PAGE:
Letters to the editor on water supply, GOP and abortion, college advice, cancer

07/08/2013 6:38 PM

07/08/2013 6:38 PM

Wichita should pipe in El Dorado water

First let me state that, above all else, conservation is our greatest tool in adapting to current and future water shortages.

That being said, for future water needs the city of Wichita should acquire the rights to 30 million gallons of excess water from El Dorado Lake. It should then pipe that water from El Dorado Lake to the Equus Beds groundwater recharge project. A pipeline could follow the K-196 corridor. The water would be used to expand the amount of surface ponds and wetlands used for seepage recharge, pumped underground for recharge, and sent to Wichita for use.

Such a system would create greater flexibility. It would allow us to recharge the Equus Beds on a daily basis rather that relying on high-flow periods on the Little Arkansas River. It would enhance the hydraulic barrier while storing water in a non-evaporative site, basically a huge storage tank.

It would also allow for flexibility in that when Cheney Reservoir is up, we would store more water in the Equus Beds or decrease the intake from El Dorado. When Cheney Reservoir is low, we would draw more from El Dorado Lake/Equus Beds.

Yes, I know it won’t be cheap, but the funding could be spread out. State funding would be appropriate, as this project has the potential to sustain the viability of many communities in south-central Kansas as well as the possible benefits to agriculture. I also think the Army Corps of Engineers or federal government would support this project, as it helps in sustaining the storage capacity of two corps lakes.

A grand idea, I suppose, but water resources and our care of them will be our highest priority in the future. That is why I want to end by restating that we must first address conservation. No matter where we get our water, we must use it wisely.

GARY WRIGHT

Wichita

Ideals, actions

Gov. Sam Brownback, presumably laying the groundwork for a presidential run, recently stated that the GOP should tackle head-on hot-button social issues such as abortion rather than focus on economic questions (“Brownback wants GOP talking about social issues,” July 3 WE Blog excerpts). This is ill-advised. Doing so would only point out the disconnect between the ideals and the actions of the GOP.

Take the state GOP and abortion. There exists a disconnect between Republicans’ platitudes about the sanctity of the fetus and their callous indifference toward the existing children of the state. Their contemptuous attitude toward health care, the atrocious state of the judicial system and their purging of education budgets show that they view children as an entry on a ledger. That they refuse to see pregnancy in the same economic light is doubly ironic, considering that bringing a pregnancy to term costs more in the United States than in any other country.

The more one examines the GOP stance on abortion, the more it becomes crushed beneath the weight of its own illogic. It is for that reason that the Republicans should steer well away from it and other social issues, lest they become consumed (even more) by their own hypocrisy.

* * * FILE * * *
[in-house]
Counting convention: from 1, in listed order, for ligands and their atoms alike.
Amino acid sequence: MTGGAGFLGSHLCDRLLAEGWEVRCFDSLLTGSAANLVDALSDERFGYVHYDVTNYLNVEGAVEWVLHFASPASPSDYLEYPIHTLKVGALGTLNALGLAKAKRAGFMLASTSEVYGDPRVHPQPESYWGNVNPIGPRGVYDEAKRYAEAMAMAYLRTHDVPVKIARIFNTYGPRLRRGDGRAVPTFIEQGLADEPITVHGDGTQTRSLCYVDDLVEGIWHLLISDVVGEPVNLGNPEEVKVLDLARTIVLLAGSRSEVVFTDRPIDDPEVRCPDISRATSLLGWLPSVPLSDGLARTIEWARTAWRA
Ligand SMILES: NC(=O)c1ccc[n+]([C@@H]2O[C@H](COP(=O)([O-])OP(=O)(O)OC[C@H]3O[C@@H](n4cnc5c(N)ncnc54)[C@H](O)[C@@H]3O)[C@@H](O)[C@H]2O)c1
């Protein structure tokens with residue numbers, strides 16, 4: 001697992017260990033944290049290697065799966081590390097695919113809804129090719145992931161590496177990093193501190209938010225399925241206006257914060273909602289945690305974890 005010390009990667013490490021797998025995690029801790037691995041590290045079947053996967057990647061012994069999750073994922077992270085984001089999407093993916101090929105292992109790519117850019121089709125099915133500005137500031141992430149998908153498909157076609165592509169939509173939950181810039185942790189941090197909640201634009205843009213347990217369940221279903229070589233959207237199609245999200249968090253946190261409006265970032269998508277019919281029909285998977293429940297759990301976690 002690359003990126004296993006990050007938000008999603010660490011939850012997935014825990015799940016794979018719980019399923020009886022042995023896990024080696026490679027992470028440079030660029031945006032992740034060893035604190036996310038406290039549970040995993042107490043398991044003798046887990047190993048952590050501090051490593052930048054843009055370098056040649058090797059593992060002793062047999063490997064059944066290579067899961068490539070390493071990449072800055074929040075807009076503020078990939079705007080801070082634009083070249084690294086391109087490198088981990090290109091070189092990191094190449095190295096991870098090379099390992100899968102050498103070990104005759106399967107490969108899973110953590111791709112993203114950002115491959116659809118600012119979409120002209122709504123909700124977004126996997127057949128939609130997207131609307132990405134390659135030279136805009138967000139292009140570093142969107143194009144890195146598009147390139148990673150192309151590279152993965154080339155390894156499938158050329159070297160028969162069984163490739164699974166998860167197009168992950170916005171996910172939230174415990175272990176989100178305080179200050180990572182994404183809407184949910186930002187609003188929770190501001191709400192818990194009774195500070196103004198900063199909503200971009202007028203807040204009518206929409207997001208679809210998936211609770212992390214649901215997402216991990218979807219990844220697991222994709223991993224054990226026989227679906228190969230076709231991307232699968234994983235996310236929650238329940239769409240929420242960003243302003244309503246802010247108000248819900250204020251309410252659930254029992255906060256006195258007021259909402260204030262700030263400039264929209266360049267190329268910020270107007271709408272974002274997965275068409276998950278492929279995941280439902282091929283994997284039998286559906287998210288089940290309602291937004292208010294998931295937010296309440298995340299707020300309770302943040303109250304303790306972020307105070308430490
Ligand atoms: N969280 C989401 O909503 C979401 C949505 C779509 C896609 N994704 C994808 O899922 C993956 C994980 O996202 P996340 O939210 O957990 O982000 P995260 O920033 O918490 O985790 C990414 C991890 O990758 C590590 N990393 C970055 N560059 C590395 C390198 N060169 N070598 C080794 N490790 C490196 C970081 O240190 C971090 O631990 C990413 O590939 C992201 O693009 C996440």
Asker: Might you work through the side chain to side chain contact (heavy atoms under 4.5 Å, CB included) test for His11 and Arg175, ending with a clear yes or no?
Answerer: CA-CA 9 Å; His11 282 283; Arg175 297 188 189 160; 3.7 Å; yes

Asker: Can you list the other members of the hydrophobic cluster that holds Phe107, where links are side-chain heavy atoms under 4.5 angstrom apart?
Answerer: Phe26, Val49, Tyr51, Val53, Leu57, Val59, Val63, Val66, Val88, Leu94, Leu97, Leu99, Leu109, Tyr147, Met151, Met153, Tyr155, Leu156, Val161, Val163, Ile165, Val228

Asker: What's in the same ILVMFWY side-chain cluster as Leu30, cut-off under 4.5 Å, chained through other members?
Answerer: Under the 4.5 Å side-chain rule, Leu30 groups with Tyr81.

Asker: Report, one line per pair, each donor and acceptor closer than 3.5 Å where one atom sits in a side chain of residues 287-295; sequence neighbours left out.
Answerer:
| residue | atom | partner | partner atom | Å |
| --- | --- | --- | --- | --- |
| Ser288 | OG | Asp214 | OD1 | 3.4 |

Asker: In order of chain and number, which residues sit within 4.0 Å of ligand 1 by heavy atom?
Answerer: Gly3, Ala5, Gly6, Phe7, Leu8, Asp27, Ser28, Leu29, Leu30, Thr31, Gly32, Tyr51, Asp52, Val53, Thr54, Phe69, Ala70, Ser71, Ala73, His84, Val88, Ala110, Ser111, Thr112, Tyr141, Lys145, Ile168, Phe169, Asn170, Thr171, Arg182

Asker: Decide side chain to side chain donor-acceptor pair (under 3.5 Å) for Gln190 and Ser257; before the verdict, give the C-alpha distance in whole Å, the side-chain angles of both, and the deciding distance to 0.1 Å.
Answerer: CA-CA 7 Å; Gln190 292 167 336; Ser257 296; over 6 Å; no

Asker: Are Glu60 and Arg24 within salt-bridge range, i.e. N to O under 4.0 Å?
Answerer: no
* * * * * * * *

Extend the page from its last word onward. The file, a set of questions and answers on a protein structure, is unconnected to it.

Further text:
RYAN T. JACKSON

Wichita

Seek advice

Parents of college-bound students, beware. I experienced a rude awakening.

I jumped into the process of trying to determine the best options for funding my son’s college education. I learned that tuition rates are increasing at the same time the government is raising the student-loan interest rates.

I thought I was relatively well prepared for the expense of college, as I had established a 529 fund years ago. To my surprise, the 529 fund actually hurt me when it came time to try to qualify for various grants and loans.

I guess the lesson I have learned is that there are some things that are not to be tackled by a do-it-yourself approach. My advice is to seek the advice and counsel of someone who understands the intricacies of the college process. I ended up Googling “college planning relief” and found some excellent resources.

I missed some opportunities with my first college-bound child, but I am much better prepared for the next one when her time comes. I guess that old saying is true: It is what you don’t know that will hurt you.

MIKE NICHOLS

Mulvane

Cure cancer

I am bummed out. I friend of 30-plus years has been in the hospital. He has a cancerous brain tumor, and surgery could not remove all of it. The next actions are chemotherapy and radiation. Another friend, my life mentor, had cancer in the early 1980s. Same action: chemo, radiation. We lost him.

In the early part of 1960s, President Kennedy called for us to send a man to the moon and return him safely. We did that. Who on planet Earth would criticize our current president for making a pledge to do the same about cancer? No politics – just a program that all would benefit from.

I am tired of going to funerals of cancer victims. That is why I will hang close to my friend while he goes into this vintage treatment.

JOHN CALLISON

Wichita

Music is fine

A contributor to Opinion Line recently complained because the music of Tupac Shakur was featured at a Wichita Wingnuts baseball game. The music is played to get the fans excited, clapping and dancing. They are there to have a good time and cheer for the home team. It should not matter what genre of music is being played or the artist performing it. If your main concern is the music being played and not the actual game, I suggest you bring earplugs.

REGINALD S. NULAN

Wichita

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